Sifton, Cheshes, Sutton Navigate Faustina; Richman Samples Despaña

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Despite offering "mostly excellent" cooking, including "what may be the city’s best pork chop," Sam Sifton finds the experience of Faustina to be undercut by the confusing menu — not to mention the restaurant itself: "No matter the meal, you will eat it uncomfortably, in a tough concrete dining room that juts off a large bar crowded with tall tables, in what is unmistakably an institutional setting." [NYT]
Earlier: Faustina's Menu, Illustrated

Also at Faustina, Jay Cheshes is similarly concerned by the menu, where he finds portion sizes "all over the map" and "a disjointed mix of standard weary-traveler fare and extravagant auteur cuisine." Though they're all good, "the side-by-side clash of hot and cold, refined and rustic, benefited none of them." [TONY]

"People crowd Scott Conant’s restaurants for many reasons, all of which elude me," says Ryan Sutton of his Faustina experience. He likes the idea of adding fried chicken and burgers to an Italian menu, but "Conant just needs to make a better case for these dishes." [Bloomberg]

"The overwrought ego trip that is Colicchio & Sons illustrates the risk of straying too far from one’s core business for too long," says Steve Cuozzo. The "tortuously composed, globally complexioned dishes" and jarring atmosphere are a serious disappointment: "It’s hard to believe he’s the same guy who once exalted simplicity at Craft." [NYP]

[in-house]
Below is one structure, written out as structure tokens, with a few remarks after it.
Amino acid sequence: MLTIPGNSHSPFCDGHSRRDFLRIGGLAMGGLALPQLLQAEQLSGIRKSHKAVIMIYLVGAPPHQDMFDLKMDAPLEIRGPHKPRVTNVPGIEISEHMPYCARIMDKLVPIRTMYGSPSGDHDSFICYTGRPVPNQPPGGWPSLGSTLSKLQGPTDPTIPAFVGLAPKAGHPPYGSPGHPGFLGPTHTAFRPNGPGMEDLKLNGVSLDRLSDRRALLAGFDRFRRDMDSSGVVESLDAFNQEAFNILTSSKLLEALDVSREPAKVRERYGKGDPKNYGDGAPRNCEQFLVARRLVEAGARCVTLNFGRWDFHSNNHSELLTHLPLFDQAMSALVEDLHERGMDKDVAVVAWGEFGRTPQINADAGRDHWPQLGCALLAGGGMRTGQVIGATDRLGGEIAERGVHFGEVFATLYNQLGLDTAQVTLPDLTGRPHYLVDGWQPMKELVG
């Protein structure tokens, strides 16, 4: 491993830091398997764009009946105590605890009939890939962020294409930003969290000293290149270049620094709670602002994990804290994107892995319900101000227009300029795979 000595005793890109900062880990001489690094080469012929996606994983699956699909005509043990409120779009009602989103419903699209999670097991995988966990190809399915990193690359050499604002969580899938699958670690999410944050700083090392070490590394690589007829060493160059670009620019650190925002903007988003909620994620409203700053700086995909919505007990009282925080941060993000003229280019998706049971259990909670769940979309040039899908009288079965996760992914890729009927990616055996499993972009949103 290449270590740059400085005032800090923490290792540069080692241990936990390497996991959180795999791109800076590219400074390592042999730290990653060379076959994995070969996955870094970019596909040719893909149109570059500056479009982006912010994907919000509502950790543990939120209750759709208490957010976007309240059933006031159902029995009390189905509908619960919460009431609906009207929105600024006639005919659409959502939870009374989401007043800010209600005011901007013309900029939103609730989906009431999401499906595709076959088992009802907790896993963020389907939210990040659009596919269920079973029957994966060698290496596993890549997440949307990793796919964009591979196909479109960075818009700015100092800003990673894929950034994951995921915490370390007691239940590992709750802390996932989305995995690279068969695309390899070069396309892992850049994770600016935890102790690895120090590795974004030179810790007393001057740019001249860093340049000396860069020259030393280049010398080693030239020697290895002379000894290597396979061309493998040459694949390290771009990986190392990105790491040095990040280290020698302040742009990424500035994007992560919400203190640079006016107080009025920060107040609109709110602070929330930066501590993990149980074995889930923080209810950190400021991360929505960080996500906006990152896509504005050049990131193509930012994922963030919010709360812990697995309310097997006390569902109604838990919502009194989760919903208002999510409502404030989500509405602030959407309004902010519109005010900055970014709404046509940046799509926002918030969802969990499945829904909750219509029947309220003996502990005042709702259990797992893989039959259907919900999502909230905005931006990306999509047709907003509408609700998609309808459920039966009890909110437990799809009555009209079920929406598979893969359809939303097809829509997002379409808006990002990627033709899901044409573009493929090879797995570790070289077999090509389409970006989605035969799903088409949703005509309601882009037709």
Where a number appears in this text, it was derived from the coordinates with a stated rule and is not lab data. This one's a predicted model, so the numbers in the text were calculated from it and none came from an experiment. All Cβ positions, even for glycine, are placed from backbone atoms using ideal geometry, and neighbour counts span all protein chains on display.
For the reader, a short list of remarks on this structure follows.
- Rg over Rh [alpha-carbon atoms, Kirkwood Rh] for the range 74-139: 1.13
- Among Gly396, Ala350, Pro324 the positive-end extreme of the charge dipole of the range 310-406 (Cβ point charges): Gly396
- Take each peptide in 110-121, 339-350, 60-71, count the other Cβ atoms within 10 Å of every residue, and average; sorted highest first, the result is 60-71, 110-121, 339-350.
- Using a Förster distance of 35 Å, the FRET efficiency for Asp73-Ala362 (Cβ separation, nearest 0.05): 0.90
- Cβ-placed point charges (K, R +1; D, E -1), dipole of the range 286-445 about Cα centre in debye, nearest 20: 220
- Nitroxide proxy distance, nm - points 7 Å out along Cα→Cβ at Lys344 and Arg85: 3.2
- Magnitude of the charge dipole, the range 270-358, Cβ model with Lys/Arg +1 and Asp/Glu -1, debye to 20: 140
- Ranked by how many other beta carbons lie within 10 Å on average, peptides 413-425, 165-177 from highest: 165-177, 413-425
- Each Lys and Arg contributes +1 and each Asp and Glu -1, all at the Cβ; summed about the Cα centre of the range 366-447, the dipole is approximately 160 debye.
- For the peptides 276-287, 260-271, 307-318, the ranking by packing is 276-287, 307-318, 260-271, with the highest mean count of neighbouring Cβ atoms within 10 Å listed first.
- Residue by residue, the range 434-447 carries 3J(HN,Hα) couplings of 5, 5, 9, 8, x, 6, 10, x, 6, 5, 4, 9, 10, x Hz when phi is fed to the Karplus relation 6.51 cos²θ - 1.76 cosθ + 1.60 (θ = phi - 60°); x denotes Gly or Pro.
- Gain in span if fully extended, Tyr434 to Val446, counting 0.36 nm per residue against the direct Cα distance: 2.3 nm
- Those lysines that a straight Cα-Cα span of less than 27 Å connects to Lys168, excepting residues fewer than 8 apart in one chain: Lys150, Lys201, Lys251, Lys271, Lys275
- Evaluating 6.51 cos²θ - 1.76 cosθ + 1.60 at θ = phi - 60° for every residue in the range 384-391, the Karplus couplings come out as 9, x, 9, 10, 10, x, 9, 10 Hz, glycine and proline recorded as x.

Andrea Thompson visits Roman's, which has "the happy hecticness of a house party." The intentionally simple preparations work, for the most part, and give rise to "a sense that you could come back often and rarely get bored, if never exactly excited." [NYer]

Uncomfortable seating at Pulino's isn't enough to keep Gael Greene away from the scene: "Your derrière may be ready to leave but your brain wants to stay and watch the drama." And there's the edible part, too: "I like a lot of this odd, original food," she says. [Insatiable Critic]

Alan Richman checks out the recently expanded Despaña, where "sometimes [the food is] gorgeously rustic, but it can also be weird." Despite friendly staff, the real problem to be solved is one of inefficiency: "All that’s required for Despaña to become one of the most appealing sandwich-and-small-plate eating spots in Manhattan is a service reorganization." [Forked & Corked/GQ]

The formal dining room at Queens Portuguese stalward O Lavrador "has all the charm of a mausoleum," says Robert Sietsema. He advises going to the restaurant's more convivial bar, where along with the dining-room menu you'll find that "the chalkboard menu always lists at least two or three things likely to make your mouth water." [VV]